With the Rydberg composite we change the perspective from the molecular one—using chemical approaches to characterize polyatomic trilobites via Born-Oppenheimer potential surfaces, rovibrational couplings, etc.,—to a condensed matter one, emphasizing generic scaling principles, gross structure, and properties associated with the high density of states obtained here. This allows us to approach systematically dense atomic environments.

Indeed, we will see that toward the limit of homogeneous filling a bandlike structure in the spectrum emerges. Moreover, the unique property of a Rydberg electron bound to an isolated atom with a singular point of infinite density of states (DOS) at the ionization threshold limν→∞ Eν ≡ −1=ð2ν2Þ ¼ 0 and full degeneracy makes such a Rydberg composite an interesting object to study, as the distribution of scatterers can break the degeneracy in a controlled, yet flexible, way. We identify nontrivial scaling properties as a function of ν. They allow us to connect the situation at finite ν with threshold ν → ∞.

Finally, the composite’s key properties are derived analytically in the homogeneous limit, while random matrix theory is used for the irregular part of the spectrum. We also explain how a planar environment breaks the symmetry of the Rydberg composite and leads to much richer spectral structures as compared to a wirelike (one- dimensional) or crystal-like (three-dimensional) atomic environment. Hence, we put emphasis on a planar sheet of atoms arranged in a lattice containing a Rydberg excitation as an exemplary Rydberg composite whose experimental realization is facilitated by the routine creation of two-dimensional optical lattices and, increasingly, the rapid progress in optical tweezer arrays. Several of the Rydberg composite properties we study are observable in a 2D system without a regular lattice arrangement and could be studied in sufficiently dense pancake-shaped condensates. Moreover, we briefly discuss how quantum dots can give rise to similar composite structures. They further elucidate the dense scatterer limit, offer additional possibilities to create a composite experimentally, and underline the generality of the excitation composite idea beyond Rydberg composites.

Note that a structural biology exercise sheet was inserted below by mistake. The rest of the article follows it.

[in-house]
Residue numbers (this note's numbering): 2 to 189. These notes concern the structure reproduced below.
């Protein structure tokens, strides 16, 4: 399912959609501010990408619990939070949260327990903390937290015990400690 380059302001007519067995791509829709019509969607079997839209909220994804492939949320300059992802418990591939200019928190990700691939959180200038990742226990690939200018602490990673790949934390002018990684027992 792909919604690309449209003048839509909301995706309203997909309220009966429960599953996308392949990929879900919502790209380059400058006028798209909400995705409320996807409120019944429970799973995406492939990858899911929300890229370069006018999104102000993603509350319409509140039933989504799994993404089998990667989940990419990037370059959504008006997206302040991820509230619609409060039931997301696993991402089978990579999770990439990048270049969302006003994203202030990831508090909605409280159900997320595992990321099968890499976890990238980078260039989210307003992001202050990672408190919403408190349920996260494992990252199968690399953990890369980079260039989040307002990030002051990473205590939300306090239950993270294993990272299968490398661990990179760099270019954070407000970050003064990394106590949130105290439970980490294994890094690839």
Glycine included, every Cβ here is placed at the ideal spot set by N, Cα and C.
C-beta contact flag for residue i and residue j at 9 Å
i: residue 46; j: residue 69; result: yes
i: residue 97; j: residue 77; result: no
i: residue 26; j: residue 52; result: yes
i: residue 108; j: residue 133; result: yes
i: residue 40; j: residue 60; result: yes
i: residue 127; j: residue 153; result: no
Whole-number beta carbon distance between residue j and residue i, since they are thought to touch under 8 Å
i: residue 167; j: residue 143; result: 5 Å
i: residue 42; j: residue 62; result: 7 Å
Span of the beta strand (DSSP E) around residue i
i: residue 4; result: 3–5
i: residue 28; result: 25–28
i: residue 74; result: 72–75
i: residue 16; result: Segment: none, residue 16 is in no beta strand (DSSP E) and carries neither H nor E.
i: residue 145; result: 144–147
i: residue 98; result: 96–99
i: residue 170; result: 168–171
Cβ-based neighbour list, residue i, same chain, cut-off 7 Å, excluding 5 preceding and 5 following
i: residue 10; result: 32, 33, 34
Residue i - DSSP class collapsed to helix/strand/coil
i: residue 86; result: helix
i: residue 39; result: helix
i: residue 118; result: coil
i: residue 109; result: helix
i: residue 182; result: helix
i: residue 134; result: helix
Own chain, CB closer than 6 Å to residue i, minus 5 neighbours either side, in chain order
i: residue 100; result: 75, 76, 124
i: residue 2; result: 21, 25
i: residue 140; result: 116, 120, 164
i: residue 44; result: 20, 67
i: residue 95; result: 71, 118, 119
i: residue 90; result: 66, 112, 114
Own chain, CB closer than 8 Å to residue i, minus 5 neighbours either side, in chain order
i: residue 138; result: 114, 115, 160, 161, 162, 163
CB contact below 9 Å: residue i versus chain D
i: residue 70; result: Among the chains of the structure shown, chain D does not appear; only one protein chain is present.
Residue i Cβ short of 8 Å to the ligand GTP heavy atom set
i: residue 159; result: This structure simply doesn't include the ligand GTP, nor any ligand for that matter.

More generally, excitation composites as introduced here describe how the high degeneracy of an underlying excitation (zeroth-order Hamiltonian) can be lifted in a controlled way. The “generic” situation of sufficiently many scatterers to remove all degeneracies exhibits chaotic level dynamics. It can be smoothly tuned to the few- scatterer limit where less degenerate polyatomic electronic symmetries replace the highly degenerate and symmetric underlying excitation spectrum. In the opposite limit of very many scatterers, the latter lose their individual role. Rather, the symmetry of their geometric support becomes dominant. If it is planar, it turns the degenerate spectrum of the Rydberg excitation into well-structured energy bands, which is a manifestation of novel correlation effects.